A Monistic Conclusion to Aristotle’s Ergon Argument: the Human Good as the Best Achievement of a Human

Archiv für Geschichte der Philosophie 103 (3):373-403 (2021)
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Abstract

Scholars have often thought that a monistic reading of Aristotle’s definition of the human good – in particular, one on which “best and most teleios virtue” refers to theoretical wisdom – cannot follow from the premises of the ergon argument. I explain how a monistic reading can follow from the premises, and I argue that this interpretation gives the correct rationale for Aristotle’s definition. I then explain that even though the best and most teleios virtue must be a single virtue, that virtue could in principle be a whole virtue that arises from the combination of all the others. I also clarify that the definition of the human good aims at capturing the nature of human eudaimonia only in its primary case.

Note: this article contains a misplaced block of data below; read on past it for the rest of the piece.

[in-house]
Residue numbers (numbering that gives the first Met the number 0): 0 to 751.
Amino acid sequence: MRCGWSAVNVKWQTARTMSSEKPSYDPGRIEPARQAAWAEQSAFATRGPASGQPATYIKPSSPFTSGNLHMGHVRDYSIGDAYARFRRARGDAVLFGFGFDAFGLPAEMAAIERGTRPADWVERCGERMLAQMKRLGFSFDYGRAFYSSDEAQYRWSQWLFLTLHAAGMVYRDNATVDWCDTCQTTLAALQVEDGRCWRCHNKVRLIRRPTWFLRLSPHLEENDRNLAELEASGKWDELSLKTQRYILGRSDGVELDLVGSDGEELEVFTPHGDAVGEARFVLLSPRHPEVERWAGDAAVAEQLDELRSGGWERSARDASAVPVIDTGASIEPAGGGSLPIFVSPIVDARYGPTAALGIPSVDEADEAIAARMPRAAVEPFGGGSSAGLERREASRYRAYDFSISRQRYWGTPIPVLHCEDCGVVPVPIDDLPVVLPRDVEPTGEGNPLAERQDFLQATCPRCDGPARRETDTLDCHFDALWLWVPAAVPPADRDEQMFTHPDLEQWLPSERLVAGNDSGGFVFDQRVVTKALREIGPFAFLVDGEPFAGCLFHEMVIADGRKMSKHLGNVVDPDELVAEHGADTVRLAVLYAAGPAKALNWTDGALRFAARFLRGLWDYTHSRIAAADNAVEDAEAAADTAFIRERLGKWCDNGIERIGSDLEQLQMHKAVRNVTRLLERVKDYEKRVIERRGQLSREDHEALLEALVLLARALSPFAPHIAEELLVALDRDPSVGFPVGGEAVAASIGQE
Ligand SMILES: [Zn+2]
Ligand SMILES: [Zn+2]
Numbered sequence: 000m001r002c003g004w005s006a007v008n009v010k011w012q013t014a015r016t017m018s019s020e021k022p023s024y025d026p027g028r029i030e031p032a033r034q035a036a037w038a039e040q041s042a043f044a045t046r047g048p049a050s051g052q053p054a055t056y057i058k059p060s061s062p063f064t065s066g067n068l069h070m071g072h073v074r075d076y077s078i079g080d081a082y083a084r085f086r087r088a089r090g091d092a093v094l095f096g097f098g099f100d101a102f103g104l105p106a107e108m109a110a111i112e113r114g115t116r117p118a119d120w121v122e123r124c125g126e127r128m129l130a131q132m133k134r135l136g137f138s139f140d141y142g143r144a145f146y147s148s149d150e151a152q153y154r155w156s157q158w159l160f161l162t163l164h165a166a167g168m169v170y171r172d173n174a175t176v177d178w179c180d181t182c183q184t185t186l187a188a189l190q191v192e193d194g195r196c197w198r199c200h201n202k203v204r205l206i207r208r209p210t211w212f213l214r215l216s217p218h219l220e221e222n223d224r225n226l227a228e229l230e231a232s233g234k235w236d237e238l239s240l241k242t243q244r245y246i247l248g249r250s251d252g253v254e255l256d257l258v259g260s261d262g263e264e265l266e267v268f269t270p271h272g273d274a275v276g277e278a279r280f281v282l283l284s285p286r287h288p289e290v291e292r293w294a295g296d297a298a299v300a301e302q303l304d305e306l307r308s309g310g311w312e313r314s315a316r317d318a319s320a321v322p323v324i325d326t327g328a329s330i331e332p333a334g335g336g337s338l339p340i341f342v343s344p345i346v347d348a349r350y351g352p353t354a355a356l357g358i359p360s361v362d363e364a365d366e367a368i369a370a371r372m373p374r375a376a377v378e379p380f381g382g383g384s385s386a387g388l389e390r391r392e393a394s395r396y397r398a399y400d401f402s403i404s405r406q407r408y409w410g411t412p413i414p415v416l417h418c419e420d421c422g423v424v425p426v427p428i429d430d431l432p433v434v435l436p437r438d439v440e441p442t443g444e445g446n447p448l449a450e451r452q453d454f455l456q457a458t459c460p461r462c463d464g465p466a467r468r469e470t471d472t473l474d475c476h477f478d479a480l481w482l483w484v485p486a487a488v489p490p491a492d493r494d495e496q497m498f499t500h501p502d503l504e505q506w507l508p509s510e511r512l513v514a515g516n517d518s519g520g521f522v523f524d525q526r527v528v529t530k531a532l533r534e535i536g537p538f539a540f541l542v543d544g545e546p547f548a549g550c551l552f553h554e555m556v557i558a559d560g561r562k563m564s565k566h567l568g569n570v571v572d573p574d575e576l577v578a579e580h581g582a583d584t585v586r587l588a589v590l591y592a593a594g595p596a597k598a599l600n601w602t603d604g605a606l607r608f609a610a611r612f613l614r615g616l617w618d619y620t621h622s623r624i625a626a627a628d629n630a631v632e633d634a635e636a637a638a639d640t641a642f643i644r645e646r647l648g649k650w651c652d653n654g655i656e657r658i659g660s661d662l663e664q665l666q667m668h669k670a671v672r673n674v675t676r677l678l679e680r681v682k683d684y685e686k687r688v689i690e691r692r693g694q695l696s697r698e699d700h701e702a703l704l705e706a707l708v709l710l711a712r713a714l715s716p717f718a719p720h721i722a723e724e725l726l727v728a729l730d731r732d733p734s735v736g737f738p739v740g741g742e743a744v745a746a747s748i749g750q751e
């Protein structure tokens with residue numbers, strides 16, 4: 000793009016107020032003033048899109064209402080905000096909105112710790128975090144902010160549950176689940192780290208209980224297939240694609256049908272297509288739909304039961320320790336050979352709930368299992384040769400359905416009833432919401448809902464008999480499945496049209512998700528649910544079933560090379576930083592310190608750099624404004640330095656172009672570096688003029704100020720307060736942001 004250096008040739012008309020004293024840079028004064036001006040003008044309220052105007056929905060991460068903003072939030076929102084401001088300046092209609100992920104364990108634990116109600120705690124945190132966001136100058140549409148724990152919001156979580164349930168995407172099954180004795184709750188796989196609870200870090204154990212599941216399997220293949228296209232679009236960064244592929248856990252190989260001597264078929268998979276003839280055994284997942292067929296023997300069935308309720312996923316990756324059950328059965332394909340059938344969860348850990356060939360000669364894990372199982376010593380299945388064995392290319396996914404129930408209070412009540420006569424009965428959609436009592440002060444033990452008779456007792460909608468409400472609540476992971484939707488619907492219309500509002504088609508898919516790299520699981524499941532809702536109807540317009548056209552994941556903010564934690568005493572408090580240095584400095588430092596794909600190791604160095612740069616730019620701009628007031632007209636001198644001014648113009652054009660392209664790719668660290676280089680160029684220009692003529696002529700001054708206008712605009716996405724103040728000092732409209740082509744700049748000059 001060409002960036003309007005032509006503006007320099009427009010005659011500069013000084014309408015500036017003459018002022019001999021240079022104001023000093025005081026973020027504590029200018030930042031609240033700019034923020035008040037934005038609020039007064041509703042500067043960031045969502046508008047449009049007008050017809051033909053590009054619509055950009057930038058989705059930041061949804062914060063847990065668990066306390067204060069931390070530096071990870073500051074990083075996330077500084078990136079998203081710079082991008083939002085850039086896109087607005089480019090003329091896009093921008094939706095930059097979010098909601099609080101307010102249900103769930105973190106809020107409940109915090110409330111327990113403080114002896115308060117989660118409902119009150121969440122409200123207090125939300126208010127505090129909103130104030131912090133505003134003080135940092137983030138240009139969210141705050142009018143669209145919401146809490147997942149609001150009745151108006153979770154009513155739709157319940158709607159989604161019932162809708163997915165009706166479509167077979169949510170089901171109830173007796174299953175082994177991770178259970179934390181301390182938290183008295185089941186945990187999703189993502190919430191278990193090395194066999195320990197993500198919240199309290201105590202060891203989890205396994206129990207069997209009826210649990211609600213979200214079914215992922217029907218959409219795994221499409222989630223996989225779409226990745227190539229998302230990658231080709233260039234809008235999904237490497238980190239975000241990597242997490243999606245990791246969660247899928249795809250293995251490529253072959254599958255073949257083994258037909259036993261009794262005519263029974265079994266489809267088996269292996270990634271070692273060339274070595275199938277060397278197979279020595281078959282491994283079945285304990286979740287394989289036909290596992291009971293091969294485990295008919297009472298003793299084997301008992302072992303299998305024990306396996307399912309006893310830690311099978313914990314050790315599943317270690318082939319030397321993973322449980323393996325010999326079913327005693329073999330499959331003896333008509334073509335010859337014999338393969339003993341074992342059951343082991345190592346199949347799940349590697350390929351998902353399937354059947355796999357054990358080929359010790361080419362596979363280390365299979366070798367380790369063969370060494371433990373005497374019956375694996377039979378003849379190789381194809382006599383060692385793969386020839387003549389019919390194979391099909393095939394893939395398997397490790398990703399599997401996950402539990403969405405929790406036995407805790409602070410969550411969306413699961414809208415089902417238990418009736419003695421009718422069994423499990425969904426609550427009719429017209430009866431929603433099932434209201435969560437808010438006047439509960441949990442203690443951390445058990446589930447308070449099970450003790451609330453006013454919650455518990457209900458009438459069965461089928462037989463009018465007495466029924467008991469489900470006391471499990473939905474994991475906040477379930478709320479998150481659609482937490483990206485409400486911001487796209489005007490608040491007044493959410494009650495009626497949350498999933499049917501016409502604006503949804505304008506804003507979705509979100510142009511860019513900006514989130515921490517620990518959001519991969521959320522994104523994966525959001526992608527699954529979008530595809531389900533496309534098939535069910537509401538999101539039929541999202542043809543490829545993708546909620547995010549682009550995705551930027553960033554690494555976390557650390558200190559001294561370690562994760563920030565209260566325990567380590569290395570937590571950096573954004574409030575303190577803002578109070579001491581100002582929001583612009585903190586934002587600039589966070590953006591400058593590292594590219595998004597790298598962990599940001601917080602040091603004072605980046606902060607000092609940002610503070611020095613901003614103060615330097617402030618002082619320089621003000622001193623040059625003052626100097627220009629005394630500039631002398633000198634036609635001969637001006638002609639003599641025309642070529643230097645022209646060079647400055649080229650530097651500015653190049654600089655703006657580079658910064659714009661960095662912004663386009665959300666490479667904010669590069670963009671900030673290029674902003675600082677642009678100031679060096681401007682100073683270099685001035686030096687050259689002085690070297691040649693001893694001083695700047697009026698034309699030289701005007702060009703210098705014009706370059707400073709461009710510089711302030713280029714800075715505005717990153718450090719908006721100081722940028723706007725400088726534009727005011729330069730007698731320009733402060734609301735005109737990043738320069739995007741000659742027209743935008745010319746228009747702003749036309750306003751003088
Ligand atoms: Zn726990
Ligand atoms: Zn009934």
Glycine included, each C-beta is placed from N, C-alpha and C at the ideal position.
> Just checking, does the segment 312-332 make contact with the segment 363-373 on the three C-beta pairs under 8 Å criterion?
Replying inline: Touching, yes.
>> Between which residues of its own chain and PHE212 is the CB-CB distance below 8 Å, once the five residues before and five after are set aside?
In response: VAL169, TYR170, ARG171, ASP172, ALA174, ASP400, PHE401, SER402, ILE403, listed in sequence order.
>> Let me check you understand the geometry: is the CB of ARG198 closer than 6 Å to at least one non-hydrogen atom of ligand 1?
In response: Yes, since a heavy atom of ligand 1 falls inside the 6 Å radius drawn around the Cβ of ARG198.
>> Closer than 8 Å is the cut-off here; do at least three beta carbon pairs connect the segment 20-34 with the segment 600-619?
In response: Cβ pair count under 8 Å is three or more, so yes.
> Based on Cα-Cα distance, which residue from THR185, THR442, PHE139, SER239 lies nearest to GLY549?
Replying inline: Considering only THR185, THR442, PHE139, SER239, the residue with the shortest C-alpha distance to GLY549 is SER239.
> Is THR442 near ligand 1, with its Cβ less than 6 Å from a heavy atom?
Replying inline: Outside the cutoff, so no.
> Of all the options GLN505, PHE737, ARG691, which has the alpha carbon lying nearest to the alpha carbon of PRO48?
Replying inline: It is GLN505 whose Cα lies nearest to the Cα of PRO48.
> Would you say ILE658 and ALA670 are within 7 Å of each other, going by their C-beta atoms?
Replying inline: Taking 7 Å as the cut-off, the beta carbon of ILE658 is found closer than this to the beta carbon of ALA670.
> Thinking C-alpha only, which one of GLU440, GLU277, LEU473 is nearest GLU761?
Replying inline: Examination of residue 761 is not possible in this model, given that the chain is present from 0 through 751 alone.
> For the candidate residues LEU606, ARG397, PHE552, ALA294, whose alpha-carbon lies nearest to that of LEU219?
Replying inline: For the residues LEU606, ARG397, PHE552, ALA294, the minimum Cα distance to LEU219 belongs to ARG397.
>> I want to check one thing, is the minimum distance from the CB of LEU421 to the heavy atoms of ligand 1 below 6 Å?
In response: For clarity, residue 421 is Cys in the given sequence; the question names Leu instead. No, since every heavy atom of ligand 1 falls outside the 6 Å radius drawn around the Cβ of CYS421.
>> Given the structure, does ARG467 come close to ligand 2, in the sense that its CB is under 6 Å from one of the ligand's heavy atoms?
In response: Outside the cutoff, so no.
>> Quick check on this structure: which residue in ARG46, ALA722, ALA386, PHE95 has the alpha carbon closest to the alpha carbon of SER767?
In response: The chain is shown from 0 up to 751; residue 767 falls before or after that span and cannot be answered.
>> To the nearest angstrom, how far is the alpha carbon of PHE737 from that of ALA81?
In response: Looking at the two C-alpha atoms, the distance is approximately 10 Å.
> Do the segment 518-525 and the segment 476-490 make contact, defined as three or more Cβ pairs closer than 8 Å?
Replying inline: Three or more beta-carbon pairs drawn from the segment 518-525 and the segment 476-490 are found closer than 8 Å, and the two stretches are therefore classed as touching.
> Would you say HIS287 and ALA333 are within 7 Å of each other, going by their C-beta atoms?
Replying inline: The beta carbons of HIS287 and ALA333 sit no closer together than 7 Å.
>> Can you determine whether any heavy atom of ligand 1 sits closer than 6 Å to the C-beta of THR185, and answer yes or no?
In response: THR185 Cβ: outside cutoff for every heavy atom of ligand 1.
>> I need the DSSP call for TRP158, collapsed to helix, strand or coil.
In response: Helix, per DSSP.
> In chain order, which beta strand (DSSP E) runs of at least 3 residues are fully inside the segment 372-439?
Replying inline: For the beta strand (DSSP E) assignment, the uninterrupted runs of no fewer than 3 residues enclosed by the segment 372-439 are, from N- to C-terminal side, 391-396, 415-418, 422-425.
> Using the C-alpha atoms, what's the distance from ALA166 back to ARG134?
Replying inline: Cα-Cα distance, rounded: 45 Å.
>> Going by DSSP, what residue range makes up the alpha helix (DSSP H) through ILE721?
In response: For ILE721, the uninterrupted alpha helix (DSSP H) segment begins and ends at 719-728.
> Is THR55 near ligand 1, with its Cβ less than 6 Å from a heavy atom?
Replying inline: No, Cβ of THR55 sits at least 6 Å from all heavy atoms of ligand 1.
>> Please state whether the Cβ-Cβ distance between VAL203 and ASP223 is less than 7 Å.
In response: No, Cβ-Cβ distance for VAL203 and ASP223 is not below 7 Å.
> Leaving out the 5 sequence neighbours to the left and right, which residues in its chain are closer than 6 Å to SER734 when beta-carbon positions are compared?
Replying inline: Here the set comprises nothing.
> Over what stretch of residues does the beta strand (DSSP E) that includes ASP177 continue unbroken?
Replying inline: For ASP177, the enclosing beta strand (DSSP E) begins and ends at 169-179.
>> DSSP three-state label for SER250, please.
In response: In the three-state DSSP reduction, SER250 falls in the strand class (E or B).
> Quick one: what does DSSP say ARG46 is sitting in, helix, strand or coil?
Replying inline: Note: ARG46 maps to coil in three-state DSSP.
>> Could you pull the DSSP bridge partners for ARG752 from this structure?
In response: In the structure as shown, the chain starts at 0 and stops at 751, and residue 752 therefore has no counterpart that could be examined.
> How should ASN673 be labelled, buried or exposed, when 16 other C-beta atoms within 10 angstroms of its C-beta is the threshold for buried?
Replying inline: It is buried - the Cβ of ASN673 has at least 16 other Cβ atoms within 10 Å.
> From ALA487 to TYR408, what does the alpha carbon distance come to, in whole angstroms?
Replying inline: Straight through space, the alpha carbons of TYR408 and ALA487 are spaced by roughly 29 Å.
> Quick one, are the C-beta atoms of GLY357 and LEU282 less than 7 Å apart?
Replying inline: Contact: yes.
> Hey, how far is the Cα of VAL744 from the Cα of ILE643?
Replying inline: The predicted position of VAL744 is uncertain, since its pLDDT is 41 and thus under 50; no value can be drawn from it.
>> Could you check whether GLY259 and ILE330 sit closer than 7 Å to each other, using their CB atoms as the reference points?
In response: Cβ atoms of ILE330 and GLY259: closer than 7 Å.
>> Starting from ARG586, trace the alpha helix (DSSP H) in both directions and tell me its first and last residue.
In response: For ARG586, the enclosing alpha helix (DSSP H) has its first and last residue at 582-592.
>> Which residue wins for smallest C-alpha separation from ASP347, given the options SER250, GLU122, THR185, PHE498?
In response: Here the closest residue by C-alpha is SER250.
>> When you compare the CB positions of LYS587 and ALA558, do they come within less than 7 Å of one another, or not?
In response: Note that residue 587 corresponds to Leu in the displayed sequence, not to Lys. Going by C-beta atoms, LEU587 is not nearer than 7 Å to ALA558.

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Author's Profile

Samuel H. Baker
University of South Alabama

References found in this work

Natural Goodness.Philippa Foot - 2001 - Oxford University Press.
Ethics with Aristotle.Sarah Broadie - 1991 - Oxford University Press.
Natural Goodness.Philippa Foot - 2001 - Tijdschrift Voor Filosofie 64 (3):604-606.

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